This past Mother’s Day I made a mistake. I know, I know – mothers are supposed to know best. But I didn’t live my Mother’s Day in the present.
It’s always been a “mixed bag” type of holiday for me. My mother was an alcoholic that I was estranged from for 15 years before her death two years ago, and my father took over both parenting roles from the time I was 10 years old, but he’s gone now, too. I have a wonderful step-mother, but even the best step-parenting situations have their intricacies, and Hallmark doesn’t help – there are either drippy sentimental cards that scream mother, or ones that simply scream step-mother. There’s no in between, just a proverbial neon sign that alternately flashes, “broken family” and “dysfunctional childhood.”
My ex-husband, whose behavior is mercurial at best, “over-gifts” me with things like flowers, chocolates, facials, etc. that are supposed to be from my children, who always seem as surprised as me. I know you’re thinking that sounds kind and considerate, but don’t forget the mercurial part. You can imagine that these gifts don’t exactly thrill my significant other, who is navigating his own way through the deep waters of step-parenting, and trying to handle these types of holidays with grace.
So, my preference on Mother’s Day would’ve been to be greeted with a quiet token of gratitude from my children, and then I’d have crawled under the nearest rock until the day was over. Or I could have been someone else that day, perhaps a famous professional writer weighing in at 118 pounds (approx.), with wrinkles in my brow only from inspecting pages of my own lilting prose. But I digress.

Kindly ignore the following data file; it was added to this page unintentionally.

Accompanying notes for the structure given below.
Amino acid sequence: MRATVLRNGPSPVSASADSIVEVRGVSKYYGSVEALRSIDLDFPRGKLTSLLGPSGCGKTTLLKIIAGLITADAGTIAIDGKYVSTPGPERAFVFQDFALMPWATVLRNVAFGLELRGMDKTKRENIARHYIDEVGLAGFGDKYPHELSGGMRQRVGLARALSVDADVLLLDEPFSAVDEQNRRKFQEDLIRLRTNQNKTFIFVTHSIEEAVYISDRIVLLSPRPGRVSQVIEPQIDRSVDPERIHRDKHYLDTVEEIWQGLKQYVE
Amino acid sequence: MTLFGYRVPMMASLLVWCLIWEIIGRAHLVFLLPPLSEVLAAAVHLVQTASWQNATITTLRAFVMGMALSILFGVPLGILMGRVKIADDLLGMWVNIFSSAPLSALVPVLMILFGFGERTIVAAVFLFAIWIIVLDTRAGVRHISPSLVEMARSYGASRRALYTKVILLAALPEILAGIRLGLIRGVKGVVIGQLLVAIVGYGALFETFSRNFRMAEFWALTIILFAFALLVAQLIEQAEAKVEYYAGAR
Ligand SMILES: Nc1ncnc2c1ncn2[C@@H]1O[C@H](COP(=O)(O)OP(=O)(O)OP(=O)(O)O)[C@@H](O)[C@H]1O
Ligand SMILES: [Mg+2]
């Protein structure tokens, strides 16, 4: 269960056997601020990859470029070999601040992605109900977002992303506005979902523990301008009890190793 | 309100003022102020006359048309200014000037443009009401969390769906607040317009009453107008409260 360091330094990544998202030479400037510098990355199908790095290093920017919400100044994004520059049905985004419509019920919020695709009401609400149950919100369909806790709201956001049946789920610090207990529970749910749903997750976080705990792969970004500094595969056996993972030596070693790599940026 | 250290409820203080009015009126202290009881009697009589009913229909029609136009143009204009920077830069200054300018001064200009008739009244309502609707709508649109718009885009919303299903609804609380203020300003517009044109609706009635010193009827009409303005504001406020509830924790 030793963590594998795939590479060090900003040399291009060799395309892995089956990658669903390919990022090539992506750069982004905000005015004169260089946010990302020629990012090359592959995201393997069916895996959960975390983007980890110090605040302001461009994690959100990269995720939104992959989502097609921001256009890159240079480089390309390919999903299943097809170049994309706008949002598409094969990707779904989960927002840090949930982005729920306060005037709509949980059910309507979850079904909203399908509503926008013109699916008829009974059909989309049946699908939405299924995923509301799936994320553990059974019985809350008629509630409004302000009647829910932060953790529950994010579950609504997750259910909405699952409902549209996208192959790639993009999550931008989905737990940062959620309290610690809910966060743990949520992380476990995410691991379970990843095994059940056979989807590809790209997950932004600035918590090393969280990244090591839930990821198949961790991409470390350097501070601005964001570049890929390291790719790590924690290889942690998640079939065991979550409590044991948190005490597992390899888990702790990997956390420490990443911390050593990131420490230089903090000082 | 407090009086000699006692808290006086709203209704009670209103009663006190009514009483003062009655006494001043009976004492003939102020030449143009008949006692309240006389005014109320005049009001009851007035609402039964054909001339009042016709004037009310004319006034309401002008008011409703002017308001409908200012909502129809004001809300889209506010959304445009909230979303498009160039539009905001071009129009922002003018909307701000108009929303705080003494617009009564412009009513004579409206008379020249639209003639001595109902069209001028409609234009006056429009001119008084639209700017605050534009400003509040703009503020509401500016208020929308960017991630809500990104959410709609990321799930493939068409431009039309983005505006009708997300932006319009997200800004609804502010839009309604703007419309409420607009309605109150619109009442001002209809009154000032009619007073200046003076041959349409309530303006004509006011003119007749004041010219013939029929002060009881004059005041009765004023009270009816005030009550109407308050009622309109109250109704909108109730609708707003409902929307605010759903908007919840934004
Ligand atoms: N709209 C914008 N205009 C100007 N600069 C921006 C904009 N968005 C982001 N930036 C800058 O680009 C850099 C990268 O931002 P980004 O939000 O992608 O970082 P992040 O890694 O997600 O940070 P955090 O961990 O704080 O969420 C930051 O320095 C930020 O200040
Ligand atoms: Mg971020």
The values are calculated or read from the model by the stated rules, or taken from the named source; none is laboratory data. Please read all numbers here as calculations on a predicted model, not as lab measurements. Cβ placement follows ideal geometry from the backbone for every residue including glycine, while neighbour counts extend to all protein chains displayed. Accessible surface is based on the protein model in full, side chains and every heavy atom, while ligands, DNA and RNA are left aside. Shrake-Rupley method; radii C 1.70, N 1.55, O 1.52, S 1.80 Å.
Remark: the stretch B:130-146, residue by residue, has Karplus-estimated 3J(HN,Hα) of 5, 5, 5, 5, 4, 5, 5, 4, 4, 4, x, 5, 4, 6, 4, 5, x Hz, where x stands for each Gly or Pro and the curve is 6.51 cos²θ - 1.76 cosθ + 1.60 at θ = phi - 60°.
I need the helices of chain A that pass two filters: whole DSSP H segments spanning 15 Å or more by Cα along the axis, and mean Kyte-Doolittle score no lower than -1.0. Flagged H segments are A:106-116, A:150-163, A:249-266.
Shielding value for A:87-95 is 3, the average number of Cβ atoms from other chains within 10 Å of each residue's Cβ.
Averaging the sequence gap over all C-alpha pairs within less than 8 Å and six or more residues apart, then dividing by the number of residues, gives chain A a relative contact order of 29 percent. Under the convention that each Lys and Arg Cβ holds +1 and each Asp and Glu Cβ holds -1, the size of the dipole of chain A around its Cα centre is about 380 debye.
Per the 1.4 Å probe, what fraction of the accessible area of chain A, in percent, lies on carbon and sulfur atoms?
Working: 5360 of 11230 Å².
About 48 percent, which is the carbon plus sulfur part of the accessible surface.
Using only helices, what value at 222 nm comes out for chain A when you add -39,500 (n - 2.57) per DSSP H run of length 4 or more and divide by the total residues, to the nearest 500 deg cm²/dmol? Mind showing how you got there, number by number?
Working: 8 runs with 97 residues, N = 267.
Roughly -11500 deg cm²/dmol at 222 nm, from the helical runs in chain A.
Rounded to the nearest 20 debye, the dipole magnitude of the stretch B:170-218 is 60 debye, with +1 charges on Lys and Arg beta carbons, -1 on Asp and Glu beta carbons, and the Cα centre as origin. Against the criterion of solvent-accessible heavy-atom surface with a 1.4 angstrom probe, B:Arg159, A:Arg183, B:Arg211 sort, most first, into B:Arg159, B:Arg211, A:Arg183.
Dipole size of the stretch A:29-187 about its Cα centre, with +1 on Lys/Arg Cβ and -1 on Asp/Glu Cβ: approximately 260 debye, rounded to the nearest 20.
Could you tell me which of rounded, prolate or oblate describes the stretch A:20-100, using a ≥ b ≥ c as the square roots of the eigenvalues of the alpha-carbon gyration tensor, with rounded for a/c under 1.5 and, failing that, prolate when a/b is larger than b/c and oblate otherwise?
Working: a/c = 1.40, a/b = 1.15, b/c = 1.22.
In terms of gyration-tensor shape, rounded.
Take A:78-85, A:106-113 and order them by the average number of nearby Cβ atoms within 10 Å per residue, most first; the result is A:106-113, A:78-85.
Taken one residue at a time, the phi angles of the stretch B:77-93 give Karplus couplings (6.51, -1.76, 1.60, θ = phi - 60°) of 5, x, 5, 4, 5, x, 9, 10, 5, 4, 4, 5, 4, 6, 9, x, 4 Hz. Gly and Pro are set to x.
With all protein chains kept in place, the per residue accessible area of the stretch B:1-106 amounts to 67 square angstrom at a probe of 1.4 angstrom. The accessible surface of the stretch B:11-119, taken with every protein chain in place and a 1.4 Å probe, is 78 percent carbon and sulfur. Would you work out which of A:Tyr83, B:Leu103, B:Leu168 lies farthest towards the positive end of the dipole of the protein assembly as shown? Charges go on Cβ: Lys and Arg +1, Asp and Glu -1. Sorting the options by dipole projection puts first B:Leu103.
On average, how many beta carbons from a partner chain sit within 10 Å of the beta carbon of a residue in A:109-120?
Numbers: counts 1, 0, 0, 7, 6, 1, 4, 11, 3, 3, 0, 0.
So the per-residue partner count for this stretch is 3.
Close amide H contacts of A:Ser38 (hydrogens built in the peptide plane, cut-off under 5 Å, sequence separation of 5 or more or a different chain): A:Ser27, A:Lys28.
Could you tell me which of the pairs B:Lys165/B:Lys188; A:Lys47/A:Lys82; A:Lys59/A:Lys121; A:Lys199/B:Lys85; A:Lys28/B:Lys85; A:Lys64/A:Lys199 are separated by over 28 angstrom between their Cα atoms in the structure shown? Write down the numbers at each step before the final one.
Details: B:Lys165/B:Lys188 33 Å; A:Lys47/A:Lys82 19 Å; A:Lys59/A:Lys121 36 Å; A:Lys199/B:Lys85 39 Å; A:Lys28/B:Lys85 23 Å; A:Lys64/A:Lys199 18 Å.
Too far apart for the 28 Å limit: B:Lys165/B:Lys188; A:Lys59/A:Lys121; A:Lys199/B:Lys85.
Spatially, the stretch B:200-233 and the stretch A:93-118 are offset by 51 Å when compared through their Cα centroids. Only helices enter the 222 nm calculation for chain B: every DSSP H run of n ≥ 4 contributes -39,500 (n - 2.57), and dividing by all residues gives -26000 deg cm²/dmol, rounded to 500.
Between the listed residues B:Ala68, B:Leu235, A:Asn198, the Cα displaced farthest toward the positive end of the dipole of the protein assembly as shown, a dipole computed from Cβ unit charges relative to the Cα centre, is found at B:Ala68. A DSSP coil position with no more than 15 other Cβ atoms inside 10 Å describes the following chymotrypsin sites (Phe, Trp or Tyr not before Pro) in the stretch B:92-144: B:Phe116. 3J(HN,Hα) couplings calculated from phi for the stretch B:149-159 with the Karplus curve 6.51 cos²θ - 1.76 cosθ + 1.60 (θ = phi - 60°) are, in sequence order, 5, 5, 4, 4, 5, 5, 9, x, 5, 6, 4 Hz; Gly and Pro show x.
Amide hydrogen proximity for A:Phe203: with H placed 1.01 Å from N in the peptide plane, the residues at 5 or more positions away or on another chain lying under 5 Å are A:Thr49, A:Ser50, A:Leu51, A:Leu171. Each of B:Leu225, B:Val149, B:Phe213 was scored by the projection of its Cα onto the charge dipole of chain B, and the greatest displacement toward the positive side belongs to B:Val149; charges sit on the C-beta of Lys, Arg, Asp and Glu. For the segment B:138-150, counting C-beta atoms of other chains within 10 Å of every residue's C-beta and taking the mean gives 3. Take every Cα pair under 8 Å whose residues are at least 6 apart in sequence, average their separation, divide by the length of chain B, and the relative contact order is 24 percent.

We all know, this doesn’t happen. Mothers can’t disappear on Mother’s Day because everyone else wants to be certain that they’ve openly honored the mothers in their lives to the satisfaction of said mothers, so there’s no consequence the following day. Or week, or month, or year. So why did I not put on my big girl panties and bask in the attention, praise and admiration my wonderful children and partner were willing to bestow upon me?
When I turned my head for a second to glance over my shoulder at my familiar yet twisted history, I let one of my feet slide into the Dreaded Past. The past is like quicksand – if you dip your toe in, before you know it you’re up to your waste in slimy memories, hearing the negative voices you know too well, and flailing your arms like you’re drowning at sea. Obviously not a pretty scene.
I write this wearing the beautiful necklace I got as a gift from my kids and my boyfriend. I’ve re-scheduled the surprise family portrait they had scheduled that I couldn’t pull myself together for that afternoon. My family will forgive me, or they know I’ll just make their lives hell with the power that only a mother has when she’s not hiding under rocks. And next year, this mother will know best.